6) The whole of Tomorrow Never Knows

To move from She Loves You to Tomorrow Never Knows in three years is the pop equivalent of inventing the wheel to designing the Apollo XI moon rocket in a similar space of time. Responding to another Lennon request to ‘sound like the Dalai Lama and a thousand Tibetan Monks chanting on a mountain top’ George Martin supervised a recording like no other. It is the sound of east and west colliding like the buckling of tectonic plates.

7) Achieving the impossible in Strawberry Fields Forever

Again it was John who was responsible for another extraordinary challenge for George Martin. He asked for two different versions of his song, each in a different key and tempo to be spliced together. Pushing the studio (and engineer Geoff Emerick to the limit) you can hardly see the join.

8) The brass on Martha My Dear

This has always been one of my favourite Beatles songs, although actually it is the work of just McCartney and George Martin, who provides the sympathetic brass orchestration. It is the perfect accompaniment to a perfectly formed song.

9) The orchestra crescendo at the end of A Day in the Life

Persuading classical musicians to abandon their charts and climb up the scale to provide the totemic finale to this extraordinary song (before ending on that thunderous E Major piano chord) George pulled out every stop, and presumably every ounce of his considerable charm. This surely ranks as one of the most memorable sounds of the 20th century.

10) Side two of Abbey Road

When The Beatles came back to George Martin cap in hand after the Let it Be fiasco, he agreed to produce their next album – but only if they allowed him to do it properly. The final medley was a showcase for everything The Beatles could do: the lush harmonies, the unorthodox chord progressions stitched together by gossamer melodies, sweeping orchestration and witty interplay of voices and instruments. It was also a showcase of everything they had learnt from George Martin. Think of the pedestrian plod of Love Me Do next to euphoric conclusion to The End. It’s the sound of a band that went to the moon.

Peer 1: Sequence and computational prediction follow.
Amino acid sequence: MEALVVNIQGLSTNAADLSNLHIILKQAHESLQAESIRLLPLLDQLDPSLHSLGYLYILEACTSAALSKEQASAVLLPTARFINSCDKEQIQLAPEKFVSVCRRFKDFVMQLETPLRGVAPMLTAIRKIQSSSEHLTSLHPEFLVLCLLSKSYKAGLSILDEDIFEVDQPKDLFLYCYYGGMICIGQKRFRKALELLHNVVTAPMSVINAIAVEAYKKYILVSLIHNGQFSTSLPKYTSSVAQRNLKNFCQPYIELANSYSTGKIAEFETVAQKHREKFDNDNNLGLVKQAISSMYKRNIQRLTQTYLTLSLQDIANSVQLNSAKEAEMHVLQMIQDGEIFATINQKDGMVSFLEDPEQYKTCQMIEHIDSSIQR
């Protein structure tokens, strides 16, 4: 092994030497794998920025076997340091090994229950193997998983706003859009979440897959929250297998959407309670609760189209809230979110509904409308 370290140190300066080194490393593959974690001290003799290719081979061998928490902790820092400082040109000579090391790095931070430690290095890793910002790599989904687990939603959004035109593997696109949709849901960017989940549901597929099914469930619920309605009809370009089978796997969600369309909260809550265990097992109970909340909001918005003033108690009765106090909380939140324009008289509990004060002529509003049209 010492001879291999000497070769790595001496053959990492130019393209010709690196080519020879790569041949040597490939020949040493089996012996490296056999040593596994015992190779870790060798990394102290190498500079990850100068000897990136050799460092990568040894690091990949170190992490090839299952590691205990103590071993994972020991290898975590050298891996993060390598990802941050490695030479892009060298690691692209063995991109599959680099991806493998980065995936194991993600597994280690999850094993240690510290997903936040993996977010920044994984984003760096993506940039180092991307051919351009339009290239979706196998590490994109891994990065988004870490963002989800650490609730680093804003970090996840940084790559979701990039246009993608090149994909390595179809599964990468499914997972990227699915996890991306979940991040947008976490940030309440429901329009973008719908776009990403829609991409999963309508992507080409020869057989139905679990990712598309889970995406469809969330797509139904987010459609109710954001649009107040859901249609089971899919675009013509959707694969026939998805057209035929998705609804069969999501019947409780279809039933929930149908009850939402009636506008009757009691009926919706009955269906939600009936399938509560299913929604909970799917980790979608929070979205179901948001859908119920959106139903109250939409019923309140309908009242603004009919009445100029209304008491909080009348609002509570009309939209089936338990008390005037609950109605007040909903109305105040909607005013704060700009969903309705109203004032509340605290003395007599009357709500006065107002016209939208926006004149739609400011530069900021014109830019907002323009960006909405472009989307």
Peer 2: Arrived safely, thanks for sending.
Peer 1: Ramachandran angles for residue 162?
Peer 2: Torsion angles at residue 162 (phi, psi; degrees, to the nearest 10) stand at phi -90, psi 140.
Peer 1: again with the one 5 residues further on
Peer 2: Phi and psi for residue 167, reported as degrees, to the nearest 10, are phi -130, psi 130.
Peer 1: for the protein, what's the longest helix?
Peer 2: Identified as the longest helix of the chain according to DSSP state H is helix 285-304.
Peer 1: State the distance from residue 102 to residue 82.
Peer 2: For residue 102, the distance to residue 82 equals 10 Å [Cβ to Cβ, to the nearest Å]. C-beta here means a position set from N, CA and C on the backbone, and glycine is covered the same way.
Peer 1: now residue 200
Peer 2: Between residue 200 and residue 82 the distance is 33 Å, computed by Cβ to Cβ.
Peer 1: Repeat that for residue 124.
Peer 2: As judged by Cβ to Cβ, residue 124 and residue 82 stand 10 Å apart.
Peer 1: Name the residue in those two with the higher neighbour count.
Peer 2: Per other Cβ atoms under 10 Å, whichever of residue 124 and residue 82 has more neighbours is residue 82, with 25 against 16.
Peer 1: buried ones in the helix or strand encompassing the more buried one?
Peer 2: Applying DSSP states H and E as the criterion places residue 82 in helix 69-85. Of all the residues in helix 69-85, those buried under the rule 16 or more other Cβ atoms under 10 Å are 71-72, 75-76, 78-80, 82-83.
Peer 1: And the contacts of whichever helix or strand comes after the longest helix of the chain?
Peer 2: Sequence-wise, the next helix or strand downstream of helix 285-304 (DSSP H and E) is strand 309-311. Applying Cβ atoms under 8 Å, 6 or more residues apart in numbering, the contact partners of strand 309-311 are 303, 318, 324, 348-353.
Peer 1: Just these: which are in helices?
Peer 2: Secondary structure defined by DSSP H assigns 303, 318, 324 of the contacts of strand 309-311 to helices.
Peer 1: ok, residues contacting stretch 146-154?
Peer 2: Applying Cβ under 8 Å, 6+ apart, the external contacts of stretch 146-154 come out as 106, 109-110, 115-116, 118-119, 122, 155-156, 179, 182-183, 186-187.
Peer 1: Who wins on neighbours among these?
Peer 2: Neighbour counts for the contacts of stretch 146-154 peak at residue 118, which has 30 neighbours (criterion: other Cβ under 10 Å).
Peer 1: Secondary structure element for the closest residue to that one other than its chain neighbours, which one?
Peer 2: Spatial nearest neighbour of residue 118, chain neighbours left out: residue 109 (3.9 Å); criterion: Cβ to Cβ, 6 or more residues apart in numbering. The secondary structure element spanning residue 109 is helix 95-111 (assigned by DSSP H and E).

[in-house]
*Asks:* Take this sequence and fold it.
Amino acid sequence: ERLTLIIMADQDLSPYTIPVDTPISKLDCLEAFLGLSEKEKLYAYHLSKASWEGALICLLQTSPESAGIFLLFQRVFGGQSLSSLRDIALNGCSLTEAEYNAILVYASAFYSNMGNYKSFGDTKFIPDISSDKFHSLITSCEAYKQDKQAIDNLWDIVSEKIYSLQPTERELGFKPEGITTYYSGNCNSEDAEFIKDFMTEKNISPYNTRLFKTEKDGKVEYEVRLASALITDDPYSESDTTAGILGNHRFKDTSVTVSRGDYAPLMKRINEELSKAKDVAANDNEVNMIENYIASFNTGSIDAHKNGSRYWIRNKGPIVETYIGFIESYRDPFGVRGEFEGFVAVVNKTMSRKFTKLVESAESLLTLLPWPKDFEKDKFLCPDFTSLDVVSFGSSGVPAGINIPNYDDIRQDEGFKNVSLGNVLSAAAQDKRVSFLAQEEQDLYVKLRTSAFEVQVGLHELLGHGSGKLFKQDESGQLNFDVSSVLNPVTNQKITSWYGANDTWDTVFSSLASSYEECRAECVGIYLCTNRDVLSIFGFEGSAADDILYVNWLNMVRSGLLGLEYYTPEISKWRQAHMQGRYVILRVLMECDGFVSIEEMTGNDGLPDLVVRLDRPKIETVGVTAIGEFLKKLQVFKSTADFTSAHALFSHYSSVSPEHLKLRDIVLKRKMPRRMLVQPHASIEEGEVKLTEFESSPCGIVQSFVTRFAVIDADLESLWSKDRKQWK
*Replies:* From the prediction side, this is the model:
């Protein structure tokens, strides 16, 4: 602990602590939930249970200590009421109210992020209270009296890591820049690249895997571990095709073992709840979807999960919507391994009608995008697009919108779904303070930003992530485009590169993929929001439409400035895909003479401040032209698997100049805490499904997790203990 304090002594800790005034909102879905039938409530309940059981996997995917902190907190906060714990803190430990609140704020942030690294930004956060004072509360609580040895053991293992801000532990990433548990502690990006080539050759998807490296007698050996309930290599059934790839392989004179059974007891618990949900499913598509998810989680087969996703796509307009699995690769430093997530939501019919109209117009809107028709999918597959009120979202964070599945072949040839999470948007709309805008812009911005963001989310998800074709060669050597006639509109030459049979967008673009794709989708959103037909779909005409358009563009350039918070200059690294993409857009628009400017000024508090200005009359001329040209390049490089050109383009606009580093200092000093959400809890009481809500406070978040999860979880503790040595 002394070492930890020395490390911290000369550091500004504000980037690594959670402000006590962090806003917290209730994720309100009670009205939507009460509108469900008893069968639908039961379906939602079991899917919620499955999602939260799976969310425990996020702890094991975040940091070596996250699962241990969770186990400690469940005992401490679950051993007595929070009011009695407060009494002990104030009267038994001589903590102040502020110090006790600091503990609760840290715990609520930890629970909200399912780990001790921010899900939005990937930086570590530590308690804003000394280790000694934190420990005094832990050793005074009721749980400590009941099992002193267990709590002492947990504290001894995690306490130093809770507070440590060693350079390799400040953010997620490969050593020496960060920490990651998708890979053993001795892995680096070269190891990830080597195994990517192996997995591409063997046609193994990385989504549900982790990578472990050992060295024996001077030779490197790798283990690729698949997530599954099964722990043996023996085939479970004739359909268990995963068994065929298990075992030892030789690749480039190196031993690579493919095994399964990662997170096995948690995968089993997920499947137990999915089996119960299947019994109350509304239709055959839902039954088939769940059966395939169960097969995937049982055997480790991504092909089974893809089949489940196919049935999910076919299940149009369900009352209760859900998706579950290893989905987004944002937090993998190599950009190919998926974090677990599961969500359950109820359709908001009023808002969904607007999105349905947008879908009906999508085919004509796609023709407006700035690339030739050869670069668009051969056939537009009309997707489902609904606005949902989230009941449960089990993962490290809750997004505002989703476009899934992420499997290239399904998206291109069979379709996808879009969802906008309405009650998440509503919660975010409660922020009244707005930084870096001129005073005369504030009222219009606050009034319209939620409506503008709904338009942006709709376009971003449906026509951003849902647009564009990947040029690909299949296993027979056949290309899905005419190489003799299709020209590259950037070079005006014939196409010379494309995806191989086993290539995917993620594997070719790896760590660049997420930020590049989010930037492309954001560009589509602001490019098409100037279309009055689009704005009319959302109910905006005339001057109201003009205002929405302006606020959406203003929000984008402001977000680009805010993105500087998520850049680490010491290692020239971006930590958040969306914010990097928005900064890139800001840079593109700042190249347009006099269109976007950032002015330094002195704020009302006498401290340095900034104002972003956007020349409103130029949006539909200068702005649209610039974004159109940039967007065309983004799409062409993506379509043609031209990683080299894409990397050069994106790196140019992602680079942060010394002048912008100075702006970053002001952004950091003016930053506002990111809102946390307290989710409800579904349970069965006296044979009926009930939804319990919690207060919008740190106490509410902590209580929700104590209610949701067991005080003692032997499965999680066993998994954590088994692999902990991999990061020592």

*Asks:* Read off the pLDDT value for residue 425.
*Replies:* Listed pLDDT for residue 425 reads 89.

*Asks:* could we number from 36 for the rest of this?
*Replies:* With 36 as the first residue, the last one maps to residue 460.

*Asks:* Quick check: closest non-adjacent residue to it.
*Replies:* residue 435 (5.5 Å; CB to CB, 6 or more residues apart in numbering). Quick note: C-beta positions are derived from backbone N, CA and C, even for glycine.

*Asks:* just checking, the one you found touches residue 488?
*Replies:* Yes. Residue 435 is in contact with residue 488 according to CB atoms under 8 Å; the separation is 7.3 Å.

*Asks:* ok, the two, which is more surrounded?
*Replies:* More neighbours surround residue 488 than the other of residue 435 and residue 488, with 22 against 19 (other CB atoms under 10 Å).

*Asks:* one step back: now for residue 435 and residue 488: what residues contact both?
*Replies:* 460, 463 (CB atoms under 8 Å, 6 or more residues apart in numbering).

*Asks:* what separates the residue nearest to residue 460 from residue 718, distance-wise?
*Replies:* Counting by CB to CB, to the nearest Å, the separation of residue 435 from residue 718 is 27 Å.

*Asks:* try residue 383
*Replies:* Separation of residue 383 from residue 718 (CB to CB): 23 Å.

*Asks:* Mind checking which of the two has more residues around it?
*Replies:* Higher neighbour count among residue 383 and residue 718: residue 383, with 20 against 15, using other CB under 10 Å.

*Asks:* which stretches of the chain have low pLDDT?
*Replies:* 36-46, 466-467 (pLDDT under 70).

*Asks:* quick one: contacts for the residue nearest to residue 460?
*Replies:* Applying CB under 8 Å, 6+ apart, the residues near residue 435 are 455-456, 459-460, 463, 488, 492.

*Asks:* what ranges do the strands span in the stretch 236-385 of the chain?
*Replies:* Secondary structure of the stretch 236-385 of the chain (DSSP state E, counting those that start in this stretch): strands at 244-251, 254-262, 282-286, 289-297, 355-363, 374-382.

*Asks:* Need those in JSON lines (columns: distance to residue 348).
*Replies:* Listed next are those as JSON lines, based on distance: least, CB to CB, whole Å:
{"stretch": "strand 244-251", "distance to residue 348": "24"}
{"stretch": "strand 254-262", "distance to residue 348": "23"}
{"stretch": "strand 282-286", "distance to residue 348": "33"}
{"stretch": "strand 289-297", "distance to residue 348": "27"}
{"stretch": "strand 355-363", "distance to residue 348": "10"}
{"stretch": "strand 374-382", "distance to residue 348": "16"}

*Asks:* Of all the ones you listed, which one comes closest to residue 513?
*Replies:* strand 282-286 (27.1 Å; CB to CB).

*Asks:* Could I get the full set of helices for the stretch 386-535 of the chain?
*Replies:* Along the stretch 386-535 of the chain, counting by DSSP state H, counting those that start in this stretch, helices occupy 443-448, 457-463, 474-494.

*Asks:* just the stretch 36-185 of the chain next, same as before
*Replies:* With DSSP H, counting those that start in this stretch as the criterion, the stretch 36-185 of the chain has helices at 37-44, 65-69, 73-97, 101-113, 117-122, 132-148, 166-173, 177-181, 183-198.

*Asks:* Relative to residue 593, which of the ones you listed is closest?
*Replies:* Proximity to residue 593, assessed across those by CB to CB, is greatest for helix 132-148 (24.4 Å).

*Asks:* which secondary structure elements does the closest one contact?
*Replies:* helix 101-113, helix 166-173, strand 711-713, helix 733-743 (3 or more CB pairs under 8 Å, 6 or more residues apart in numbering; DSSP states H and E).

With acknowledgements to Ian McDonald’s superb book on The Beatles’ music ‘Revolution in the Head.’


The Thirty-Nine Steps

It was only last year that I finally got around to reading John Buchan’s The Thirty-Nine Steps. I’d watched the celebrated Hitchcock film, but the book has a particularly stylish and exhilarating quality all of its own. The voice of the irrepressible, resourceful Richard Hannay, an engineer and intelligence officer recently arrived in London from Africa  is what gives its character, both cynical and scornful of authority. The pace is astonishing, with several things happening almost at once – there are chases, explosions and gun fights, but the central motif is travel.

The 39 steps

Buchan clearly has fun with the possibilities offered by motor cars and aeroplanes and along with trains, and chases on foot across Scottish moors, Hannay is always on the move. The plot, which revolves around a plan to precipitate a European war, is almost ancillary to the odd characters (including a milkman, hung over road worker and prospective parliamentarian) Hannay meets on the way. While it owes something of a debt to Conan-Doyle, it has inspired a thousand of copy-cat blockbusters and Hollywood films, particularly those which feature the archetype of the stylish, clever, maverick outsider, wayward, but ultimately committed to King and country. Ian Fleming, you suspect had a copy on his bedside table.

Anyway, all of this inspired the inevitable song! 

Run Away to the Circus

Ever  feel like running off to the circus? I had one of those days recently, but let’s face it, it’s not always a practical option. So I had to make do with a song. And that got it out of my system. I can’t juggle either.